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A Whopper of a Court Case: Can Citizens Sue States?

In a handful of states, they can't. A lawsuit involving Burger King was supposed to settle the debate in Arkansas.

burger king
There is such a thing as a free lunch in Arkansas, but thanks to a recent court ruling you still have to pay taxes on it. That ruling could also have led to an enormous expansion of state power.

Flis Enterprises owns 16 Burger King franchises in central Arkansas. It gives its managers one free meal per shift. The state Department of Finance and Administration said that Flis had to pay taxes on the retail value of those hamburgers and fries, while Flis maintained it should pay only on the wholesale price of the ingredients that go into the meal. Given the number of meals doled out over the years, the dispute involved tens of thousands of dollars. 

None of this would have mattered much to anyone not directly involved, except for one thing: It comes on the heels of another ruling from the state supreme court, which held that the Arkansas Constitution grants the state sovereign immunity from lawsuits. Put simply, that means state agencies can’t be sued by private individuals and companies seeking to dispute a regulation, ruling or tax.

Gov. Asa Hutchinson has instructed his agencies not to invoke sovereign immunity. As a matter of policy, he wants citizens who are upset about a decision to have access to the courts for redress. “I’ve asked my agencies not to assert sovereign immunity without the approval of the governor’s office,” Hutchinson told an Arkansas radio station. “That way, we can control it and make sure that citizens have access to the courts whenever it’s appropriate.”

The Supreme Court signaled it would use the Burger King case to determine whether sovereign immunity is optional. If the court had ruled that sovereign immunity was simply a given, rather than being something state agencies can invoke, that would have created a prohibition on any lawsuits against the state. Last month, however, the court punted. Since the parties to the case hadn’t raised the issue themselves, the majority ruled, it wasn’t an appropriate time to address the larger immunity issue. The state won the case -- Flis will pay a higher tax on free meals -- but not on the grounds of sovereign immunity.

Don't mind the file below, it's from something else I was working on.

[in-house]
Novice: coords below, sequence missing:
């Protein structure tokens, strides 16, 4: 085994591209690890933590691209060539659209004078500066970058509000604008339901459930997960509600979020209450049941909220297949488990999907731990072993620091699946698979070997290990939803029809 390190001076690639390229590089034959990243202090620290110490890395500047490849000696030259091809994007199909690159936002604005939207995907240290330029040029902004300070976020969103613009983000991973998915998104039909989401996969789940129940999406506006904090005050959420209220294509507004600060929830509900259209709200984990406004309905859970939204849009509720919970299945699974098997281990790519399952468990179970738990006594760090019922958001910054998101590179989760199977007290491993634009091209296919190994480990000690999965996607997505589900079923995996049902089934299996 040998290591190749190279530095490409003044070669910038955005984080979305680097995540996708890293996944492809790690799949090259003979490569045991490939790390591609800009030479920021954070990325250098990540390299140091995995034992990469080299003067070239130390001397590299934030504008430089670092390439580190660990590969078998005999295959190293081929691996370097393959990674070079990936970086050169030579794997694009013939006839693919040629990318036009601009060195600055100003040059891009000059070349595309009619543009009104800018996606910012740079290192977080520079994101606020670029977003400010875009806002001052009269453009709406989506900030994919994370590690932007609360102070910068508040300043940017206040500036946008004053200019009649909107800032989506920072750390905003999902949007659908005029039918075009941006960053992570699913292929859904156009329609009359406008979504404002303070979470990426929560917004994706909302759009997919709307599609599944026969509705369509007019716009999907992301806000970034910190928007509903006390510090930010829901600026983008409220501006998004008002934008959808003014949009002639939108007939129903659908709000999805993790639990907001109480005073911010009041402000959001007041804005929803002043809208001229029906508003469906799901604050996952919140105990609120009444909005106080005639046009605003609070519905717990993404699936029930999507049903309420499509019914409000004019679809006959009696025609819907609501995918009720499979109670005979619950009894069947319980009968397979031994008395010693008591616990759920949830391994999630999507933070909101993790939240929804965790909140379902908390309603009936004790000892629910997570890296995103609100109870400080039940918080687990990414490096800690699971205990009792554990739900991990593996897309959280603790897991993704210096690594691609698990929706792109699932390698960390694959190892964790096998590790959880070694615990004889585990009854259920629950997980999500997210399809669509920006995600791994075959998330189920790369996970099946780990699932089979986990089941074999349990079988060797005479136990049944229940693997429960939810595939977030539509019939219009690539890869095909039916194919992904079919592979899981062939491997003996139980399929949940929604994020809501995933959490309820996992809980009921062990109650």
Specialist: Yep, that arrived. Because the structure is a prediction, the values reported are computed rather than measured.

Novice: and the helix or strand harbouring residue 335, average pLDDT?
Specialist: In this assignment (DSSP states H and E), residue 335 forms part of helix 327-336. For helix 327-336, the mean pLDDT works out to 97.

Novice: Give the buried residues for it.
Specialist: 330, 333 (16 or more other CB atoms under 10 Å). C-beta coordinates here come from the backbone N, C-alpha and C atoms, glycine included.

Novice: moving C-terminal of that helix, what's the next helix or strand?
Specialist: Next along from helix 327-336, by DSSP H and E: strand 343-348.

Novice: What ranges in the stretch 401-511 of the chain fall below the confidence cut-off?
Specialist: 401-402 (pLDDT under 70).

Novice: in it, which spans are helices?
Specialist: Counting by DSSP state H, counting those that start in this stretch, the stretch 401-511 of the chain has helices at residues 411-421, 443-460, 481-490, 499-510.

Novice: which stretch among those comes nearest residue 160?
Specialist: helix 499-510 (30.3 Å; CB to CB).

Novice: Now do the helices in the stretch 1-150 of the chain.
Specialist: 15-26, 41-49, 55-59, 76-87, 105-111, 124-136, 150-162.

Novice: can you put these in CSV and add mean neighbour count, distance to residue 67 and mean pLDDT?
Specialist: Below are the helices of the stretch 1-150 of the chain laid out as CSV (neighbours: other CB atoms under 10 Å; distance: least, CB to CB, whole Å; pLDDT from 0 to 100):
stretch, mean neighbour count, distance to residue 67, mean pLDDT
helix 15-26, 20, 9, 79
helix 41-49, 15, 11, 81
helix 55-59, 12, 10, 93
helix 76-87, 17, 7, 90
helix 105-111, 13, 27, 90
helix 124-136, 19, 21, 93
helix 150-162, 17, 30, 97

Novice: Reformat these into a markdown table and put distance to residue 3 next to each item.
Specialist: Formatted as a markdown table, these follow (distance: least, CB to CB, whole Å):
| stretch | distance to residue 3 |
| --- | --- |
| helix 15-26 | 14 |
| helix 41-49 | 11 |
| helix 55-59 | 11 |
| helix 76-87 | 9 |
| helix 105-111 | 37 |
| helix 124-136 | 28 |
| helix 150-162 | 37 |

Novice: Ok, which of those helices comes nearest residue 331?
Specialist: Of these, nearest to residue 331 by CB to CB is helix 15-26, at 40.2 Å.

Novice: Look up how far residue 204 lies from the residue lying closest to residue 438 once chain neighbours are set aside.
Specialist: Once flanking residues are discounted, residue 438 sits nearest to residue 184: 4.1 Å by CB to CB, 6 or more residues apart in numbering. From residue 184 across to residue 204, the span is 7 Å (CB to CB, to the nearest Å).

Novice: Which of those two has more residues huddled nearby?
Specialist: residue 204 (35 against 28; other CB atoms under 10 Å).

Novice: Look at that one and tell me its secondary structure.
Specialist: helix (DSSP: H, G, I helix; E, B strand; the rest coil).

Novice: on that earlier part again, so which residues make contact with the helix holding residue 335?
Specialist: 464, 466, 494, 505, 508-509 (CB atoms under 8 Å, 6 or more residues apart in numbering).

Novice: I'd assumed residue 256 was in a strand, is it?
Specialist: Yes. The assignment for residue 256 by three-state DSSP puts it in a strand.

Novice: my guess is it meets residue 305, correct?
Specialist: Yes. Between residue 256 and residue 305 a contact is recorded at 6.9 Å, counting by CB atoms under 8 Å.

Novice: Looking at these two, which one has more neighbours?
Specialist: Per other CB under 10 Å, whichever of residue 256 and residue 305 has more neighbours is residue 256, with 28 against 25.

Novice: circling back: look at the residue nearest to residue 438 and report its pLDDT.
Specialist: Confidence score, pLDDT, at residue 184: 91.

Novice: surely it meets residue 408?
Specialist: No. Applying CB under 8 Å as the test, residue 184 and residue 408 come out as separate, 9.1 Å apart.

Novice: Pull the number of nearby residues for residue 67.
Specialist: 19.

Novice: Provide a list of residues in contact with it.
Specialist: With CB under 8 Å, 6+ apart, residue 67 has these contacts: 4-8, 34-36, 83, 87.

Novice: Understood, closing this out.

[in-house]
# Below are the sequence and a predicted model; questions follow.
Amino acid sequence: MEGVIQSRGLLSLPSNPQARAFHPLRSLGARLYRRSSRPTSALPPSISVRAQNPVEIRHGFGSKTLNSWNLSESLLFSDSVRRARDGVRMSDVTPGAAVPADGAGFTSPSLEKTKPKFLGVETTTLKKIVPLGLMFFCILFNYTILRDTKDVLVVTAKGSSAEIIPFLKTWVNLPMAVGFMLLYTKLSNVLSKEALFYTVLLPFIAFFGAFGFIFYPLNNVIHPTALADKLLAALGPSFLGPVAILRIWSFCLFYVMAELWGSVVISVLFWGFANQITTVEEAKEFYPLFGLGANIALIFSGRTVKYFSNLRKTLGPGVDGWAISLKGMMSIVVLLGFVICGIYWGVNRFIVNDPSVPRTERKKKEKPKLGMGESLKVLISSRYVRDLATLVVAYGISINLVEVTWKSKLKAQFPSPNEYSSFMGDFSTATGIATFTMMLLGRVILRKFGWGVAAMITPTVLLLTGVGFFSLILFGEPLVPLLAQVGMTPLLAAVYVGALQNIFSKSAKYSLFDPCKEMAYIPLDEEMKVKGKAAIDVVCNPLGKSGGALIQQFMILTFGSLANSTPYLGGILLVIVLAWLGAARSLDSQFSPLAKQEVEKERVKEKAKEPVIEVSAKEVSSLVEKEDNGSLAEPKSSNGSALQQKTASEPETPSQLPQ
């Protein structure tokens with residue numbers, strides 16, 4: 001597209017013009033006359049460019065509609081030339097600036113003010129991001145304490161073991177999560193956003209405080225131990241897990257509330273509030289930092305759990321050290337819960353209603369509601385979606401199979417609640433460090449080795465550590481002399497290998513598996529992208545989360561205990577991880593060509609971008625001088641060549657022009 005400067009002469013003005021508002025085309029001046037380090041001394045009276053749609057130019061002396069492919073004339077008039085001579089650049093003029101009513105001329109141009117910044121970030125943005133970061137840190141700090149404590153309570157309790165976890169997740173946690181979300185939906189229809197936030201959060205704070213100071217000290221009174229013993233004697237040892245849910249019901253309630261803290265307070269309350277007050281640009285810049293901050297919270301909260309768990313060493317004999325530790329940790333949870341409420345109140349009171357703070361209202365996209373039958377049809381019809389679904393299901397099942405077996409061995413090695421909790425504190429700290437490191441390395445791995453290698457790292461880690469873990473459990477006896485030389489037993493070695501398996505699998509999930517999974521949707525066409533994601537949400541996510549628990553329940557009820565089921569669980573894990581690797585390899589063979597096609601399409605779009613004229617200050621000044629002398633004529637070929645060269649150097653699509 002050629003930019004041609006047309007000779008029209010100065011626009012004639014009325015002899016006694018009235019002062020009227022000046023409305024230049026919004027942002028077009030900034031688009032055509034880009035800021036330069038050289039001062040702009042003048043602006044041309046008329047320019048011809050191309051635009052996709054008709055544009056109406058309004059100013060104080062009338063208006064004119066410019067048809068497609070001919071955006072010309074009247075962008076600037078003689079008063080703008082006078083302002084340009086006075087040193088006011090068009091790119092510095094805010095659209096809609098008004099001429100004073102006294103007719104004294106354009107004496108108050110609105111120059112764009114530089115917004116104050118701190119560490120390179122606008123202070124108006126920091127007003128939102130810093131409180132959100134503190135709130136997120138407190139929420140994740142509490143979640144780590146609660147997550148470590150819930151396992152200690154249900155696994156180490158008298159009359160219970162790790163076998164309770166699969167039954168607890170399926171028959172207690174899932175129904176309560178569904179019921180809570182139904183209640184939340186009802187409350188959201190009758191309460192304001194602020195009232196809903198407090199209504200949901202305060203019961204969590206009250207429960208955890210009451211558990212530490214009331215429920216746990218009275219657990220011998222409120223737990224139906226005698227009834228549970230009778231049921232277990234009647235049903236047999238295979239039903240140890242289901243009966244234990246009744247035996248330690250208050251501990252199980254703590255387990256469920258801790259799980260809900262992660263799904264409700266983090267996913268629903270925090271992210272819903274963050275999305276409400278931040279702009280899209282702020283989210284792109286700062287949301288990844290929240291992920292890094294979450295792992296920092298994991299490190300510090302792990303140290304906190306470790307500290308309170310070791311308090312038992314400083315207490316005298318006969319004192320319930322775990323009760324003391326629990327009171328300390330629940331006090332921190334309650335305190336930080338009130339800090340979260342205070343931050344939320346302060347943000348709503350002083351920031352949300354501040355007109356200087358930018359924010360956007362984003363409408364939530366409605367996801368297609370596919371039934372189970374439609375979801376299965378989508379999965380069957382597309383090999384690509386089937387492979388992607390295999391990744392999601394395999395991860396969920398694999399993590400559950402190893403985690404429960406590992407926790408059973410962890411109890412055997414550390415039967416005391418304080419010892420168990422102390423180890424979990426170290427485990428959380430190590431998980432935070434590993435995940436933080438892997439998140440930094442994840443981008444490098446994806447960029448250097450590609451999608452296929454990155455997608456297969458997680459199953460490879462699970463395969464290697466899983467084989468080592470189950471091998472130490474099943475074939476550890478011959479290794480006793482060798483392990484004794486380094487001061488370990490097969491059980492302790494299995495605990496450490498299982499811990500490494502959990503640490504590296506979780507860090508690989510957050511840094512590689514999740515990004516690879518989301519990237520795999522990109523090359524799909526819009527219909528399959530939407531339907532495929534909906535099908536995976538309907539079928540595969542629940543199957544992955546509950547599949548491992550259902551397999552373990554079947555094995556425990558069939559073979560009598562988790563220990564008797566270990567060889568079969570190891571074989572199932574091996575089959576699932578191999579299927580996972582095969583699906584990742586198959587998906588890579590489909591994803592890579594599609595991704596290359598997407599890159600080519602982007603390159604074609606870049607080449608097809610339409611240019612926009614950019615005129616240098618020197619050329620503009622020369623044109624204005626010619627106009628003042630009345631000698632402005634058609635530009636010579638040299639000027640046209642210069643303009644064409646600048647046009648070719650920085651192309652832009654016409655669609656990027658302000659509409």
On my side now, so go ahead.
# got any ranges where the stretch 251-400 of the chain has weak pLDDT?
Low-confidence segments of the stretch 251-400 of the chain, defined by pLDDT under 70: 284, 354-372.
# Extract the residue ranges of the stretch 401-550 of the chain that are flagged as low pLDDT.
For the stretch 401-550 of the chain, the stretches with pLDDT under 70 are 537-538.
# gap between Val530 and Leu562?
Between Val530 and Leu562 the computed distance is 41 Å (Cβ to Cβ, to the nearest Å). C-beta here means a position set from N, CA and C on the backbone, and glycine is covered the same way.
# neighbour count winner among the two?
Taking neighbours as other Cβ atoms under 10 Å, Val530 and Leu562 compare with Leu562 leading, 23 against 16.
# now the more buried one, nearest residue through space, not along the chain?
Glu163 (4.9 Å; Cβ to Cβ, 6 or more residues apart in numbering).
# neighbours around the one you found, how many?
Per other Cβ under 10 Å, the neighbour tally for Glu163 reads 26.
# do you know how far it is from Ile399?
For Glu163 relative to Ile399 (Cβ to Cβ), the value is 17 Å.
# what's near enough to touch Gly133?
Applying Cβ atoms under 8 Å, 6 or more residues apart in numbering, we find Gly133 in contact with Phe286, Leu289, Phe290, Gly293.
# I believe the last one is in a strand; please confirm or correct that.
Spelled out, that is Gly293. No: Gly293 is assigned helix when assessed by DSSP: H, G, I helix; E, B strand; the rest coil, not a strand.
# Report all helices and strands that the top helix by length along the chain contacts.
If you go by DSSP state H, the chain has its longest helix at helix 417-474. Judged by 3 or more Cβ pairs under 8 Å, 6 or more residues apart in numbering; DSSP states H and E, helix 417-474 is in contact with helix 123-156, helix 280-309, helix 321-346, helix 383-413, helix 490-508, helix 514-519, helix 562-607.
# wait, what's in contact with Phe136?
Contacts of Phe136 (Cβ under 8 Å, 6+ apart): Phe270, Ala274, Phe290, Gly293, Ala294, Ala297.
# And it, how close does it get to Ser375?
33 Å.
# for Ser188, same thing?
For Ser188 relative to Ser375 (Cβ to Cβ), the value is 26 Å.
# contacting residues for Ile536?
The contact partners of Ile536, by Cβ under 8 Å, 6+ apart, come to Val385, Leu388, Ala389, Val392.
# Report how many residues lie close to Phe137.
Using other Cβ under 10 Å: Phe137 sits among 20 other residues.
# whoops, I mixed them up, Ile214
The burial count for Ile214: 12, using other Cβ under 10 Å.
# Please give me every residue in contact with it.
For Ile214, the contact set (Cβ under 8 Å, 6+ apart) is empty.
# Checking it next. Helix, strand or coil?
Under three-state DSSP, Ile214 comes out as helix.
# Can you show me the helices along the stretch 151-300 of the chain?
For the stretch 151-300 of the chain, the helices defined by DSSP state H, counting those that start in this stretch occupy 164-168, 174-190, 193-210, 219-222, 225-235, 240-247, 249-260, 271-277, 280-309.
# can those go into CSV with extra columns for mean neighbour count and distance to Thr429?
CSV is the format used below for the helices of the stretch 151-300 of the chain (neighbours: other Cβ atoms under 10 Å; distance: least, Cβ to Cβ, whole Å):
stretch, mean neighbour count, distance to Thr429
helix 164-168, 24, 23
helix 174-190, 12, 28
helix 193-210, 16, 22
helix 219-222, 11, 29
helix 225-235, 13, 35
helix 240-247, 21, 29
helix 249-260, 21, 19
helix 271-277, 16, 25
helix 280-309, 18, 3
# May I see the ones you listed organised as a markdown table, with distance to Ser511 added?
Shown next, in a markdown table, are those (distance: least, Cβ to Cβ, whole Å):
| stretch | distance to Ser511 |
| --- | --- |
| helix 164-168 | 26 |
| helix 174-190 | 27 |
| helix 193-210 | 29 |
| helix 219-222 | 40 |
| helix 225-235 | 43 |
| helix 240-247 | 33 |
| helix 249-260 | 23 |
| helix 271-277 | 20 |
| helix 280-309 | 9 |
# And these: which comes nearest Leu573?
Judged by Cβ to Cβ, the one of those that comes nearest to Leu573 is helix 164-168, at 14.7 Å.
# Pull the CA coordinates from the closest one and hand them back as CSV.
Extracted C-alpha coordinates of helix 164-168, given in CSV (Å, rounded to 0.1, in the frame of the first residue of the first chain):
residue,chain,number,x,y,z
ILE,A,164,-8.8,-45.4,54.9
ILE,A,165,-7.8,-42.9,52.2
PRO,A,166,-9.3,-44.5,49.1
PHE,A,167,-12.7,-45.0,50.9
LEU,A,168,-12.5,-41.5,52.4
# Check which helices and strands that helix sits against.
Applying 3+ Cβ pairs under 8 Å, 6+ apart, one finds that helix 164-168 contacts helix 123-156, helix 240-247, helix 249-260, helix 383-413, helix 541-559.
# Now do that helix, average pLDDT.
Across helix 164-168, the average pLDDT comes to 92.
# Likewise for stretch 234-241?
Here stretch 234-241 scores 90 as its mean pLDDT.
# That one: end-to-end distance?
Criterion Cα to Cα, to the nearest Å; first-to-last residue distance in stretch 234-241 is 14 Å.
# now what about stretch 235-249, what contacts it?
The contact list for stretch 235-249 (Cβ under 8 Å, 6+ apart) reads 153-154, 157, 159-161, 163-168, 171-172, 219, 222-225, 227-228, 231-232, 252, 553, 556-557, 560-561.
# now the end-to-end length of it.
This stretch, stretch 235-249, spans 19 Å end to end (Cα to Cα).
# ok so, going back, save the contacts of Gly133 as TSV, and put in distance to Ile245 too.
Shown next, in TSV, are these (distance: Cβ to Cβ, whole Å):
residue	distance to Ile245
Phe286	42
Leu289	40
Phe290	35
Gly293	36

Courts in other states with sovereign immunity clauses in their constitutions, such as Alabama and West Virginia, have carved out exceptions. The Arkansas rulings don’t do that. They’re similar to a recent decision by the state Supreme Court in Georgia that disallows private lawsuits against the state. “Now, if local governments or the state take action, there’s no way to stop them,” says state Rep. Wendell Willard. 

This may seem like a technical legal question, but you can imagine the potential for abuse if state agencies are able to take any action they like, without the possibility for citizens to appeal. A fast food outlet’s tax bill could shoot up, or a parent adopting a child through a public agency could be totally misled about her behavior or background. There’d be no penalty for the state and little hope of overturning a blatantly bad policy. “We’ve had some issues come up even with examining a zoning decision,” Willard says. “When people start seeing that, there’s going to be a revolution on our hands.” 

Alan Greenblatt is a senior staff writer for Governing. He can be found on Twitter at @AlanGreenblatt.
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